Once upon a time the winter meetings mainly consisted of boozy old general managers getting boozy and doing business. Today, it is one of the biggest events of the baseball year, and certainly the highlight of the off-season. It is covered breathlessly on-line and on TV. It’s where fantasy teams are born. It’s about rumors and gossip and Did You Hear? and I Gotta-Scoop.
I went to the 2003 winter meetings in New Orleans after my first year blogging and introduced myself around to guys like Tom Verducci and Jack Curry, Howard Bryant and Tim Marchman, Nate Silver and Joe Sheehan. Jay Jaffe and I went down together. Will Carroll, who had been to the ’02 meetings urged us to come. It’s the perfect place for a guy like Will who loves the adrenaline of the scoop world, of being on the inside, or at least being close to people on the inside.
I had a good time and met a bunch of great guys but I haven’t been back and wouldn’t want to go to another winter meetings unless I was getting paid for it. For a writer, it is a lot of hard work.
From what I could tell in my one brief encounter, being at the meetings means a lot of standing around. It has all the trappings of a seventh-grade dance, everybody anxious, waiting for something to go down. But instead of the girls being the objects of desire for the groups of men, general managers like Billy Beane and Theo Epstein, personalities like Peter Gammons and Buster Olney, are the ones that everyone is gawking at, pretending that they are not being obvious.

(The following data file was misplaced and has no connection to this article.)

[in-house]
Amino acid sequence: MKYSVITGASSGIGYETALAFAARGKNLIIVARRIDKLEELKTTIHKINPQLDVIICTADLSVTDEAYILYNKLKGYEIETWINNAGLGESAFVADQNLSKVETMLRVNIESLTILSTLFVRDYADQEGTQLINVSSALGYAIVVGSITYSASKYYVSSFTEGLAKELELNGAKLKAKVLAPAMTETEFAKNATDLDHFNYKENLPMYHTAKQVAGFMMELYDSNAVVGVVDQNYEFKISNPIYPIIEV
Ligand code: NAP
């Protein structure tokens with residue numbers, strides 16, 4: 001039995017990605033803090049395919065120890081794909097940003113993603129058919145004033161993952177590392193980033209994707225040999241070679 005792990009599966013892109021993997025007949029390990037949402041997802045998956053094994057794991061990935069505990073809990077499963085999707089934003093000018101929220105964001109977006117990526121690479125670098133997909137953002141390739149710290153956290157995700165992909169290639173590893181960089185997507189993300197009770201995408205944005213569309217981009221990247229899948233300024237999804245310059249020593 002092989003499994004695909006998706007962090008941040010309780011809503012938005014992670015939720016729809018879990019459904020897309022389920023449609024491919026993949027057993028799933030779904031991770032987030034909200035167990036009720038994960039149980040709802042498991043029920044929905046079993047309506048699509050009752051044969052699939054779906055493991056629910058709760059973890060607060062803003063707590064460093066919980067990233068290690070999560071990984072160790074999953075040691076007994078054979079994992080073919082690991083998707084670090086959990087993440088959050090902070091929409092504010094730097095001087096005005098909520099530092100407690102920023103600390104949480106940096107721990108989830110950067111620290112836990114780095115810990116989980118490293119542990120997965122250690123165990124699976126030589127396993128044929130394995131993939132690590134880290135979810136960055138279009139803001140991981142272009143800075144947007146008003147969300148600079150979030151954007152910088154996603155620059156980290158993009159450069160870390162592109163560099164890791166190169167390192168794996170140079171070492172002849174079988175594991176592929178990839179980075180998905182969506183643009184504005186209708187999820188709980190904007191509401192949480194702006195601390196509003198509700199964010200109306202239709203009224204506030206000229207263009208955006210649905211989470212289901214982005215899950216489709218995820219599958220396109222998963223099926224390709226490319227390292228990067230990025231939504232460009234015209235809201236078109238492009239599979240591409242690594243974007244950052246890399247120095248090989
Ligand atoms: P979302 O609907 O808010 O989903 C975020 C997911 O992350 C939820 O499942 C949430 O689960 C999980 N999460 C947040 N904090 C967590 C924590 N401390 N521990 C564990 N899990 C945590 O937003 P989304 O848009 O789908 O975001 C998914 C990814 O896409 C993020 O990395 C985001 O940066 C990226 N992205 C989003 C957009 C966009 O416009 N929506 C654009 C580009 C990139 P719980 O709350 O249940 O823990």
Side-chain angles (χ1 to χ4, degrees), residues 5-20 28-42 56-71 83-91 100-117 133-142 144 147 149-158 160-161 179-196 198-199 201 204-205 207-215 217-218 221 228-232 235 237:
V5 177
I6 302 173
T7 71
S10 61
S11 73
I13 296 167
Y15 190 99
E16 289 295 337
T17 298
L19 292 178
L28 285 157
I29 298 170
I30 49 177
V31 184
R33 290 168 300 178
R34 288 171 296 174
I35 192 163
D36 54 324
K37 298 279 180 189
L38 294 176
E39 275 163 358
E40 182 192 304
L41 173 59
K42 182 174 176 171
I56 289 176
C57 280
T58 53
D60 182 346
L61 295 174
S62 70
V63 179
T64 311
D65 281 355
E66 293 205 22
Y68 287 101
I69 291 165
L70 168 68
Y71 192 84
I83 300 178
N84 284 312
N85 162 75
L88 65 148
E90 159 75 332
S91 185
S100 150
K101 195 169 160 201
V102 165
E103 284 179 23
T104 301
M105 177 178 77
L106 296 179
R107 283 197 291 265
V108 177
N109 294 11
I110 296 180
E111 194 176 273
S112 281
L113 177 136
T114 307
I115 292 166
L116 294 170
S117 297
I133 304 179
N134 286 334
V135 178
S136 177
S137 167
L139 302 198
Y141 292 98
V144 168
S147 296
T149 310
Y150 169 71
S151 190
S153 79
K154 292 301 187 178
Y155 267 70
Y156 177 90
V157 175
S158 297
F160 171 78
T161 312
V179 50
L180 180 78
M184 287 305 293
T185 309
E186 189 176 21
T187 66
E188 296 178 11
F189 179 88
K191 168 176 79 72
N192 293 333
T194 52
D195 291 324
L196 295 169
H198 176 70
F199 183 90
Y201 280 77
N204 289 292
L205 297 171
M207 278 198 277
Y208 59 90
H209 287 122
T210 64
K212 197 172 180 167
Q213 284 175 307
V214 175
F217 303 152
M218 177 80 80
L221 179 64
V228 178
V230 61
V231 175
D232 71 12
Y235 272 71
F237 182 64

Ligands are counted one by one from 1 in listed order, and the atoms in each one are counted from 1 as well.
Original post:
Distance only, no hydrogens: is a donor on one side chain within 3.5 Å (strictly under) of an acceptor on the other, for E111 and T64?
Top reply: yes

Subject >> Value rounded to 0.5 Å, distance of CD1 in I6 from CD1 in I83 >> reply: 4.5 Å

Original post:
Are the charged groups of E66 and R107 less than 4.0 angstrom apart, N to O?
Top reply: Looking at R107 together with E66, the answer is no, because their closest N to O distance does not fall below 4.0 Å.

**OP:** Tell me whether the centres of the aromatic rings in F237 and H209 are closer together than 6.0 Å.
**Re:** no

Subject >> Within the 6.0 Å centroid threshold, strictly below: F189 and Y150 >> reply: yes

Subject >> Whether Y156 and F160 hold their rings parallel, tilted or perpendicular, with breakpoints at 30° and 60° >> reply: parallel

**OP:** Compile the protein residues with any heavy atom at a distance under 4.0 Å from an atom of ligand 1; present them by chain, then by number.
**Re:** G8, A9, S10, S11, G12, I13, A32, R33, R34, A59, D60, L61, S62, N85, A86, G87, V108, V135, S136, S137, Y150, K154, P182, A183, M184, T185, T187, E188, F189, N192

The hotel lobby is filled with columnists and beat writers (Internet writers and bloggiers now too), agents and their assistants, general managers and their assistants, a few managers, a stray former player possibly looking for a coaching job, smart college kids looking for front office work.
It is a heavily cologned scene. Too bad Hunter Thompson isn’t still around.
The Hot Stove has been ice cold this year unless you consider the Giants signing Edgar Renteria or the Cardinals trading for Khalil Greene hot transactions. This year the meetings are in Vegas, which you would hope will enough by itself to instigate some action. Vegas is either the best place in the world to holding the winter meetings or the worst (or maybe it’s just a little bit of both, depending on your luck).
Even if nothing much happens, being in Vegas at least gives caption writers and columnists plenty to work with. We’ll see variations on a theme—Viva Las Vegas, Leaving Las Vegas, Ocean’s Eleven, The Rat Pack, Snake Eyes, Flush, Full House, Stip Poker, you name it. Yes, the writers should have a field day.
We’ll have our ears to the ground, breathlessly following the breathless action, hoping above all else, that somebody gives us something to be breathless about.
What, if anything, do you think will change in the Yankee Universe in Vegas?